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My disk setup is currently as follows:

Disk /dev/sda: 1953525168 sectors, 931.5 GiB
Model: WDC WD1003FZEX-0
Sector size (logical/physical): 512/4096 bytes
Disk identifier (GUID): 8F14ACC0-7807-4C09-BCB0-C340A635CF07
Partition table holds up to 128 entries
Main partition table begins at sector 2 and ends at sector 33
First usable sector is 34, last usable sector is 1953525134
Partitions will be aligned on 2048-sector boundaries
Total free space is 3437 sectors (1.7 MiB)

Number  Start (sector)    End (sector)  Size       Code  Name
   1            2048            6143   2.0 MiB     EF02  BIOS boot partition
   2            6144       524294143   250.0 GiB   8300  Linux filesystem
   3       524294144      1048582143   250.0 GiB   8300  Linux filesystem
   4      1048582144      1427140607   180.5 GiB   8300  Data
   5      1427140608      1949331455   249.0 GiB   0700  Microsoft basic data
   6      1949331456      1953523711   2.0 GiB     2700  Windows RE

I've got to this by having a first installation of Windows 10 (now on 5) and a Gentoo based Linux (now on 2) on a MBR partitioning scheme. All went fine. In time I have experimented with Linux, changed to GPT with a protective MBR, then added a second partition that holds another Gentoo based Linux (now on 3). All went fine until Windows 10 got updated. I know that until the updates, Windows 10 booted as MBR. I presume that it detected the GPT during the upgrade and changed it's booting to UEFI. The system is BIOS, can't upgrade to UEFI, now Windows can't boot - went to a short boot attempt and restarts in a loop. I've used a Windows 10 ISO provided by Microsoft to install and fix the system, on a Ventoy live stick. That can't repair the boot, I think it can't handle GRUB and the protective MBR and stops. I've entered in its command line troubleshooting, attempted to fix the boot and force rebuilding it as BIOS by issuing:

bcdboot C:\Windows /s C: /f BIOS

No luck, it seems it attempts a secure boot now as it complains by displaying this at boot time:

error: invalid signature

The GRUB entries I've tried:

menuentry "Windows 10 BIOS MBR" {
    savedefault
    insmod part_msdos
    insmod ntfs
    insmod chain
    chainloader (hd1,msdos1)+1
}

then:

menuentry "Windows 10 BIOS MBR" {
    savedefault
    insmod part_msdos
    insmod ntfs
    insmod chain
    drivemap hd0 hd1
    chainloader (hd1,msdos1)+1
}

I am not sure of how this should be, though.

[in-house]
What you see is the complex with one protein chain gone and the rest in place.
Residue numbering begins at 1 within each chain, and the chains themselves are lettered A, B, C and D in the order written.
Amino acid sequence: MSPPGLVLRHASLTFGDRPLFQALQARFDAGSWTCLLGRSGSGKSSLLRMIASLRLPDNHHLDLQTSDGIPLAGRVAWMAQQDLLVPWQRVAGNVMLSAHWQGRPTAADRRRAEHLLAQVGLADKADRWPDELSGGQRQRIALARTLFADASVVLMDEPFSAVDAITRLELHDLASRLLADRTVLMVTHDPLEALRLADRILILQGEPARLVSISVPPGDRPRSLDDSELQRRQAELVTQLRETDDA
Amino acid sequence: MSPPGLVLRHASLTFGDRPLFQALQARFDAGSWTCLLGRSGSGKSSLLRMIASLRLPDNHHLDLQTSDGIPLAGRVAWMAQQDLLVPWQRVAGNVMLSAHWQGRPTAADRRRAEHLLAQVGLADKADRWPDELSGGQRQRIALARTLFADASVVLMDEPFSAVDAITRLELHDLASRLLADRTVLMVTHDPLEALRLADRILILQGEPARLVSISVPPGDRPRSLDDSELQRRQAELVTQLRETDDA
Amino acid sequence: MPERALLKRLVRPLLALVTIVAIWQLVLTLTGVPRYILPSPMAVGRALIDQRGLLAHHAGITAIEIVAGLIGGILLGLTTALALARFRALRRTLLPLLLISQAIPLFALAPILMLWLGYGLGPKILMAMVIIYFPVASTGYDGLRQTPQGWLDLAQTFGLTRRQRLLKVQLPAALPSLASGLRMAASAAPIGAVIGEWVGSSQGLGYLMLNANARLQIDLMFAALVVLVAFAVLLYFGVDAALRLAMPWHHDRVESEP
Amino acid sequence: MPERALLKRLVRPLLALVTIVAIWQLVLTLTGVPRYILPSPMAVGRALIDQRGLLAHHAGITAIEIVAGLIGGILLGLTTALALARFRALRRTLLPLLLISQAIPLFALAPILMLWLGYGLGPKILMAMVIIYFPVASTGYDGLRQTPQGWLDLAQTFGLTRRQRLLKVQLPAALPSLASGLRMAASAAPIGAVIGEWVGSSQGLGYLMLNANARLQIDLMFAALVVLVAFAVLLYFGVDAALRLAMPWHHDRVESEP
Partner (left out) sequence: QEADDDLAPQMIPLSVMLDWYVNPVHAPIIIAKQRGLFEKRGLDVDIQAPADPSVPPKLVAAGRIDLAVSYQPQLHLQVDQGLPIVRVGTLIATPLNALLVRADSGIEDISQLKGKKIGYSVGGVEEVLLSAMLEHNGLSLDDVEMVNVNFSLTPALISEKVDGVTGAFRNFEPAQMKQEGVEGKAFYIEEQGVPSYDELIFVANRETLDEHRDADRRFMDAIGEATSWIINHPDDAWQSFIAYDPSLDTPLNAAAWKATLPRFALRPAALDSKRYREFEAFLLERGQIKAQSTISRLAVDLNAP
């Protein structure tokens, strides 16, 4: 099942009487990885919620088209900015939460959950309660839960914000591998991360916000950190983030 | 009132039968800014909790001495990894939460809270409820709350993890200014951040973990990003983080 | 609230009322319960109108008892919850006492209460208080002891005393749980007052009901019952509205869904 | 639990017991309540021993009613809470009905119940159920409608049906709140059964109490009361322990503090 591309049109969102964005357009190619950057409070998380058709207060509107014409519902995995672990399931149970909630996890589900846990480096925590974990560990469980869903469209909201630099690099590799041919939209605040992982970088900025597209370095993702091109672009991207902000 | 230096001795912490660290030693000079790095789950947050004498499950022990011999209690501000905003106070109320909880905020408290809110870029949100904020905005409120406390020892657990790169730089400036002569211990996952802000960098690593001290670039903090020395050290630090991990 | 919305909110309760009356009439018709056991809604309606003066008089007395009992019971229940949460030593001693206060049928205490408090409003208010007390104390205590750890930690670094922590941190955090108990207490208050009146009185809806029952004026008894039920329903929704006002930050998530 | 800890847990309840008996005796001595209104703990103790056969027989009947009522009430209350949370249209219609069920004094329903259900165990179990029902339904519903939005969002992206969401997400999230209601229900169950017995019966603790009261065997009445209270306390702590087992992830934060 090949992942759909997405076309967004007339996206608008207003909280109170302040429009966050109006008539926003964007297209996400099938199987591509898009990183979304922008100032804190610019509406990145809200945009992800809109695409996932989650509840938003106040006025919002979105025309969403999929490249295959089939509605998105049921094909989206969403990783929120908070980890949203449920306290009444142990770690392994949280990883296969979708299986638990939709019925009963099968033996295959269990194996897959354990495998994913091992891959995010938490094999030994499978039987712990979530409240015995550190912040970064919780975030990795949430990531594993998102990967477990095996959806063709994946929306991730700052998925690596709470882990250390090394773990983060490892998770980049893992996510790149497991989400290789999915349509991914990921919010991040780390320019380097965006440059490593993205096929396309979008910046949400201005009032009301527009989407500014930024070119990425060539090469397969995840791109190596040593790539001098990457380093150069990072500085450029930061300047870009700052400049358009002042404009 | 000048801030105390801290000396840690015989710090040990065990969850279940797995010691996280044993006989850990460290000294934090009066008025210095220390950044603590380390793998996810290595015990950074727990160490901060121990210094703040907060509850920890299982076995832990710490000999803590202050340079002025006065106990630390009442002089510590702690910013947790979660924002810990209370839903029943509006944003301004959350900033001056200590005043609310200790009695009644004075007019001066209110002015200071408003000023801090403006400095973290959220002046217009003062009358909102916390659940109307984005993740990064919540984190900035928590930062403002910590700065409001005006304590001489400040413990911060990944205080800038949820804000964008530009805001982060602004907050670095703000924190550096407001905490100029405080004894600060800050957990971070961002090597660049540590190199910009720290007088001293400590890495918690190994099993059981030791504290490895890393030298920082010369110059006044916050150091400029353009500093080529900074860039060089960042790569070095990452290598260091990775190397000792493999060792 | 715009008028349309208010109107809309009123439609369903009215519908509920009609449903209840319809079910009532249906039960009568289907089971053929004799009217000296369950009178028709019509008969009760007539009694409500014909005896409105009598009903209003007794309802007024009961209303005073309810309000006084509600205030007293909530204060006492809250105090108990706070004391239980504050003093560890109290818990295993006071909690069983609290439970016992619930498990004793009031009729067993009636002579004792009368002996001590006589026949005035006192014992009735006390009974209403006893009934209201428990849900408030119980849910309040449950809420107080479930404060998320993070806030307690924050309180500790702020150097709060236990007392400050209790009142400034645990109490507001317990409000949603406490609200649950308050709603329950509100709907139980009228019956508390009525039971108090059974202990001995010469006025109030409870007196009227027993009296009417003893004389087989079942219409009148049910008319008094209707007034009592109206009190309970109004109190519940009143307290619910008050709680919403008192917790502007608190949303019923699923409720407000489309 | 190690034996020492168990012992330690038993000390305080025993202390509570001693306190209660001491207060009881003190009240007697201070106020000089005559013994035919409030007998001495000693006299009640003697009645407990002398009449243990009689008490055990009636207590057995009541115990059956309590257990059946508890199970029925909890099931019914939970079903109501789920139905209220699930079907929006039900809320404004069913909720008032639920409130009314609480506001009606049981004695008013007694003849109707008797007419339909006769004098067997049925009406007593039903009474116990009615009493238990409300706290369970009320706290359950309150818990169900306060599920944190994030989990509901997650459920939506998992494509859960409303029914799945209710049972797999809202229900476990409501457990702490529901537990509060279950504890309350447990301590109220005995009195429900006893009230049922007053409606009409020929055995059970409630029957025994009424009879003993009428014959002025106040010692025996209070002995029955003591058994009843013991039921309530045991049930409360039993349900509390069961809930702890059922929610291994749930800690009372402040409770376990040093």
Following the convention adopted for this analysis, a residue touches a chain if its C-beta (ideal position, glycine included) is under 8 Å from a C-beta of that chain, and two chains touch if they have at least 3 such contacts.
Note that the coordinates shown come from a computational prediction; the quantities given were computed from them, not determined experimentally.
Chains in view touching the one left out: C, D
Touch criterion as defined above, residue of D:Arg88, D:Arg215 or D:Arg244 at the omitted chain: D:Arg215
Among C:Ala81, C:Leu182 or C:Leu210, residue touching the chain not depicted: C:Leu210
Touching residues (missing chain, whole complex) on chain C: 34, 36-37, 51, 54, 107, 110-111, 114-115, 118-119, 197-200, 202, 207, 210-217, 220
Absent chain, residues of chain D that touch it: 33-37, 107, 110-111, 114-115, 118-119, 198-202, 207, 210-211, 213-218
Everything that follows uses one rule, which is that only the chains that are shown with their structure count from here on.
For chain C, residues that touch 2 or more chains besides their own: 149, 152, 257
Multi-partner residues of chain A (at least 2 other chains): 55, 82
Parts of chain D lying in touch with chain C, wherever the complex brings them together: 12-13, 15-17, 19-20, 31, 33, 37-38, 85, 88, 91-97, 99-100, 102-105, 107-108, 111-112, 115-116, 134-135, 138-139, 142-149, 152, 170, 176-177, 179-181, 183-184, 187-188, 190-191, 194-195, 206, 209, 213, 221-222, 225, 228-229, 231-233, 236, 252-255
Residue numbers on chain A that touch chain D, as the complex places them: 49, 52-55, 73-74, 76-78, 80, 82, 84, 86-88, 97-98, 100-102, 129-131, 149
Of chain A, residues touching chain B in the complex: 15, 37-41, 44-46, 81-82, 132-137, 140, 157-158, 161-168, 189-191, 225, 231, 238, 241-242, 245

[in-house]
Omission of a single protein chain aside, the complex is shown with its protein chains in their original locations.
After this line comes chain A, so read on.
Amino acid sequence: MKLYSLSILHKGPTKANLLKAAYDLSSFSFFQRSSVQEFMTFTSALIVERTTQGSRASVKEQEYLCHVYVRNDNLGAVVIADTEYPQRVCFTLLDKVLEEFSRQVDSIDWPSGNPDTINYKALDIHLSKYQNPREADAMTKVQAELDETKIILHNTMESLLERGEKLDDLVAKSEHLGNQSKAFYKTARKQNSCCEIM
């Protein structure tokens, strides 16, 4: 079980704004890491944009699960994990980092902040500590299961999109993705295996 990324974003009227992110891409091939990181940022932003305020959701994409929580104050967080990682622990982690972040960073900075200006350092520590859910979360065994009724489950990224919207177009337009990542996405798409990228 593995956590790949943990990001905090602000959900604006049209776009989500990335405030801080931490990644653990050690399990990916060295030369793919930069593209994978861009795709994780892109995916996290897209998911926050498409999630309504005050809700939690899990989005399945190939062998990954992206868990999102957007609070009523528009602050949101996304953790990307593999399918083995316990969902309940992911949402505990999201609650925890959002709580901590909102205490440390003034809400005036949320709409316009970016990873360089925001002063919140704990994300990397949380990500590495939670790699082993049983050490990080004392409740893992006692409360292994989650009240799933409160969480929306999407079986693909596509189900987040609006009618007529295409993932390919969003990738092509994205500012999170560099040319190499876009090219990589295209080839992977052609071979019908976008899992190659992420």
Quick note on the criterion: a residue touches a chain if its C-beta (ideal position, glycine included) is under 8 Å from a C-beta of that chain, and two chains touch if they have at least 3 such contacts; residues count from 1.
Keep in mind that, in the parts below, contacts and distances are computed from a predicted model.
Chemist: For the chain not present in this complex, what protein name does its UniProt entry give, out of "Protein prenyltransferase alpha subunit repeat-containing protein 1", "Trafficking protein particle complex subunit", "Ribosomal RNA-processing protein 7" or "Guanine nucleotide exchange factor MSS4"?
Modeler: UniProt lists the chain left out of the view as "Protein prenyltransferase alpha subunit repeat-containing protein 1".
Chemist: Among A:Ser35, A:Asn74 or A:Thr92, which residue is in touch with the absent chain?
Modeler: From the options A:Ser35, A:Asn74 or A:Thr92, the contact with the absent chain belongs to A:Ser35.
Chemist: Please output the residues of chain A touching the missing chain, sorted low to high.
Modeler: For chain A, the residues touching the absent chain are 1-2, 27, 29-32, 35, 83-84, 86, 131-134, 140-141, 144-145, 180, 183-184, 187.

So, I know Windoes 10 worked due to its initial MBR boot setup. How would this be fixed after the upgrade and preserve the protective MBR?

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  • Use search -u $uuid -s and ntldr /bootmgr instead. $uuid should be replaced with the filesystem UUID of the filesystem that consists of /bootmgr (i.e. the volume specified with /s when bcdboot).
    – Tom Yan
    Dec 28, 2021 at 12:12
  • Please elaborate a bit. I am not aware of that command, I see a different syntax here. Shouldn't UUIDs be related to UEFI boot, a thing I try to avoid?
    – mike
    Dec 28, 2021 at 15:12
  • Windows only boots in UEFI mode from files in an ESP - efi system partition on gpt partitioned drive. Windows only boots in BIOS mode from MBR partitions and its boot files must be in a primary NTFS partition with boot flag. You do not seem to have either correct? Please copy & paste the pastebin link to the Bootinfo summary report ( do not post report), do not run the auto fix till reviewed.Lets see details, use ppa version with your USB installer (2nd option) or any working install, not Boot-Repair ISO, unless Gentoo does not work well with it. help.ubuntu.com/community/Boot-Repair
    – oldfred
    Dec 28, 2021 at 15:30
  • No, UUID has nothing to do with UEFI booting. If you read the page you linked more carefully, you will see why -u and -s (well, it doesn't mention that -s is equivalent to --set, but does mention its default value; and root refers to the / of /bootmgr).
    – Tom Yan
    Dec 28, 2021 at 15:32
  • But yeah, I forgot that you can't boot Windows in the BIOS/legacy way when it's on GPT-style drive, although I'm not entirely sure if that's also the case with the help of grub's ntldr. (Booting it in UEFI mode when it's on MBR-style drive is on the other hand possible though, albeit not officially "supported".)
    – Tom Yan
    Dec 28, 2021 at 15:35

1 Answer 1

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You can try:

menuentry "Windows 10 BIOS MBR" {
    search -u $uuid -s
    ntldr /bootmgr
}

With $uuid being replaced with the output from:

blkid -no UUID /dev/sda5

(Apparently you installed Windows Boot Manager to / C: is the fifth partition.)

However, since the disk is partitioned with GPT, most likely bootmgr will ultimately fail in booting the Windows installation.

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  • Did not work. It reboots.
    – mike
    Dec 28, 2021 at 16:27

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